This issue of The Broken Rifle provides updates as to the situation for conscientious objectors in certain states, gives examples of useful instances to learn from in past campaigns, and supplies some suggestions in response to the question 'what next' for conscientious objection.
In London on 22nd May, a soldier walking back to his barracks was killed by two people armed with knives. The soldier was a white member of the British army, the attackers black men of the Muslim faith.
The response, witnessed on social and mainstream media, as well as in streets, buses and pubs, has included a torrent of racist, Islamophobic and nationalistic abuse. I noticed with sadness that a friend of mine 'shared' a post on social media from a group called Britain First that read: 'THEY'VE KILLED ONE OF OUR BOYS IN WOOLWICH...KICK THE BASTARDS OUT NOW'.
In December 2001, the last recruits abandoned military barracks across Spain after having completed the final nine months of obligatory military service. In many European states, the end of forced recruitment had been motivated almost exclusively by the military forces' evolution towards global intervention operations, whilst in Spain the system of forced recruitment had collapsed despite years of government efforts.
Conscription have had a very special role in Finnish society. For decades, conscription for males was seen as an integral part of Finnish society, and for the vast majority of young Finnish men it was self evident that they would do military service. In fact, until the early 1990's, almost 90% of them did it. If someone dared to question conscription system, they were usually ridiculed.
Since the beginning of the year, a crackdown on conscientious objectors (and maybe draft evaders in general) has taken place in Greece. The arrest of 44 year old Nikolaos Karanikas in February, followed by that of 37 year old Haralampos Akrivopoulos in March, and of 30 year old Menelaos Exioglou in April, were the first after many years of relative calm. In this period, COs who were total objectors or refused to accept a punitive alternative service were still prosecuted and sentenced (some times in absentia) - to suspended prison sentences, in military courts - but without arrests.
Conscientious objection is little enough dealt with in mainstream political discourse, let alone as the subject for a gallery installation.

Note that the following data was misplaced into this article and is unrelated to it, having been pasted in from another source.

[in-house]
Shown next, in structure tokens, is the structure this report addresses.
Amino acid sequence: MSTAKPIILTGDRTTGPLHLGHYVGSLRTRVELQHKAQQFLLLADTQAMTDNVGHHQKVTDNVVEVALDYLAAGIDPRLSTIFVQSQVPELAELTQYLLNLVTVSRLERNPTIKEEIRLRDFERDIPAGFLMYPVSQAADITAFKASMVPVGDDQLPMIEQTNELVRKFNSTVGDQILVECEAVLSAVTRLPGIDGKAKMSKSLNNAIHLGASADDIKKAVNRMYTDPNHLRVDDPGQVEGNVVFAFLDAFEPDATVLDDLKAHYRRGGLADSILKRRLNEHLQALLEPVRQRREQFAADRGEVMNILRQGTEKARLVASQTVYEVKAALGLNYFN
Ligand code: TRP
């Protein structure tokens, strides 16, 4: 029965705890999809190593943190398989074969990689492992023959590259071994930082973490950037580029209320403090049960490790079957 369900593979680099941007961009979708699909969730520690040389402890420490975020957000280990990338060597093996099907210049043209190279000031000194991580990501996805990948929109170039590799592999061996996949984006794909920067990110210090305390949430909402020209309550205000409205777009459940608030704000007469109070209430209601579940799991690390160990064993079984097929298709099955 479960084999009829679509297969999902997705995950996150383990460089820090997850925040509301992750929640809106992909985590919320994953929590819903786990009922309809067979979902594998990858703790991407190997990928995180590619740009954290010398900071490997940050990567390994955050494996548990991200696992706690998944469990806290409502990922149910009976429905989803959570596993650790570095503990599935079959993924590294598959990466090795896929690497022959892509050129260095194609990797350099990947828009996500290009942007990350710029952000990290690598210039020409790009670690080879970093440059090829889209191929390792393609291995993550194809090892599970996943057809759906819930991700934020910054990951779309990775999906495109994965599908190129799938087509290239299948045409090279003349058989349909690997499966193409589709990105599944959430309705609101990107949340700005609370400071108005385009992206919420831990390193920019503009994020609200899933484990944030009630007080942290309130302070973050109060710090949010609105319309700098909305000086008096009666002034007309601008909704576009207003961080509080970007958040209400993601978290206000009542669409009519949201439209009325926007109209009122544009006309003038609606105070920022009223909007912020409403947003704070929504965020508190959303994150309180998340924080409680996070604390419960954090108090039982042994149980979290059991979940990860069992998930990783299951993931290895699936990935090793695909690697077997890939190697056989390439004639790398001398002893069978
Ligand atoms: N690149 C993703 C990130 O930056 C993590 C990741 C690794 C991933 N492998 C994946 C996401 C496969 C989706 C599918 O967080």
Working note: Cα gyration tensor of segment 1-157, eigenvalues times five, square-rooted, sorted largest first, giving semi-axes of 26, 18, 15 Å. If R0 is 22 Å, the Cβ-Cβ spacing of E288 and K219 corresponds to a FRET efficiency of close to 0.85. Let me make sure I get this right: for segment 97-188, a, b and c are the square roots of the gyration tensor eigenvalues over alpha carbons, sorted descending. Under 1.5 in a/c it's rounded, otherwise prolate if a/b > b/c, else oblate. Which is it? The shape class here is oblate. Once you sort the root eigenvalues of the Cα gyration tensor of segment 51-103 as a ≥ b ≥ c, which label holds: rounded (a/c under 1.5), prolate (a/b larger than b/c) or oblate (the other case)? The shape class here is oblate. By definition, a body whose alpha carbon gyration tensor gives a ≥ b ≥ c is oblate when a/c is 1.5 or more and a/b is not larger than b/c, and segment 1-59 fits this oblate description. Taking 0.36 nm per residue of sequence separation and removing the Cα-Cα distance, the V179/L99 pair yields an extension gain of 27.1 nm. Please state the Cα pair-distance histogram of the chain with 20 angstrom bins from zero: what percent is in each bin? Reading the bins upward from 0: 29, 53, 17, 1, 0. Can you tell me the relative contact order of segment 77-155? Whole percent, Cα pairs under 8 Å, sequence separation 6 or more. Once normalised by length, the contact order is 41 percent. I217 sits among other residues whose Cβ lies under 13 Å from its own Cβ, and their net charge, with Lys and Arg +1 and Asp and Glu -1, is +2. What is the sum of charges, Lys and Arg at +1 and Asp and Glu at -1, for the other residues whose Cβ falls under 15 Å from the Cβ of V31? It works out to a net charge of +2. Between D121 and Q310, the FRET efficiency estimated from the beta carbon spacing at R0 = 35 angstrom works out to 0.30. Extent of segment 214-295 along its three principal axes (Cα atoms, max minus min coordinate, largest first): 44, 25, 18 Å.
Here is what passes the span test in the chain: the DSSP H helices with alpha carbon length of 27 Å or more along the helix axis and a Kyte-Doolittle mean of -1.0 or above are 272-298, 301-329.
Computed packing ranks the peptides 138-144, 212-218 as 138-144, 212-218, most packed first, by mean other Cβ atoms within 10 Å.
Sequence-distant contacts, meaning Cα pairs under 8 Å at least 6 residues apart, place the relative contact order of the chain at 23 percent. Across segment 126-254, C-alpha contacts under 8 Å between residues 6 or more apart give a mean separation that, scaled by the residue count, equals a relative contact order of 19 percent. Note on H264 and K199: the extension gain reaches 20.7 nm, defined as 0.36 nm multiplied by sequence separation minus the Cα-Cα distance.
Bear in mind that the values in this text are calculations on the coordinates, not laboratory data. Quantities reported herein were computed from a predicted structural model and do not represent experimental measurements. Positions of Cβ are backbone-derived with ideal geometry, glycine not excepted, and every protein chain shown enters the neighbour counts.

So it was encouraging, and probably groundbreaking in a London context, that Filmpro - a "disabled-led digital art agency" - made conscientious objection (and, in particular, conscientious objection in Turkey) the subject of a two-week installation at an east London gallery during May, called COnscription.
Together, we in No to Compulsory Military Service (Egypt) and New Profile (Israel) confirm our support of peace and of conscientious objectors in both countries, re-affirming the human right to freedom of conscience, faith and self-determination.
In Europe, conscription has mostly disappeared and made place for professional armies with high-tech weaponry. This was caused by a transformation of military strategies and a change in the political objectives of defense policy after the end of the Cold War.
We're happy to announce the launch of 'A Conscientious Objector's Guide to the International Human Rights System'. This is an update of 'A Conscientious Objector's Guide to the UN Human Rights System', published in 2000, and covers the multitude of developments that have taken place in terms of human rights and conscientious objection since then.
As well as reading it as a book, you can also use the interactive guide online.
Israel has had, since its creation, mandatory military service for both men and women. It prides itself, both internally and externally, on its relatively gender-equal military in which women can both contribute to their society just as men can, and get an opportunity to prove their worth. The apparent gender equality presented by the military provokes a particular feminist perspective on the conscription of women.
President Hugo Chavez systematically militarised Venezuelan society, from young to old. This is perhaps not too surpising when recalling that he came to power as Lieutenant Colonel Chavez in 1998, after leading a coup d’etat in 1992. It was the first time during the democratic period, which began in 1958, that a member of the armed forces was chosen as the country’s leader. Since that time there has been a progressive militarisation of the country, with a special emphasis on young people.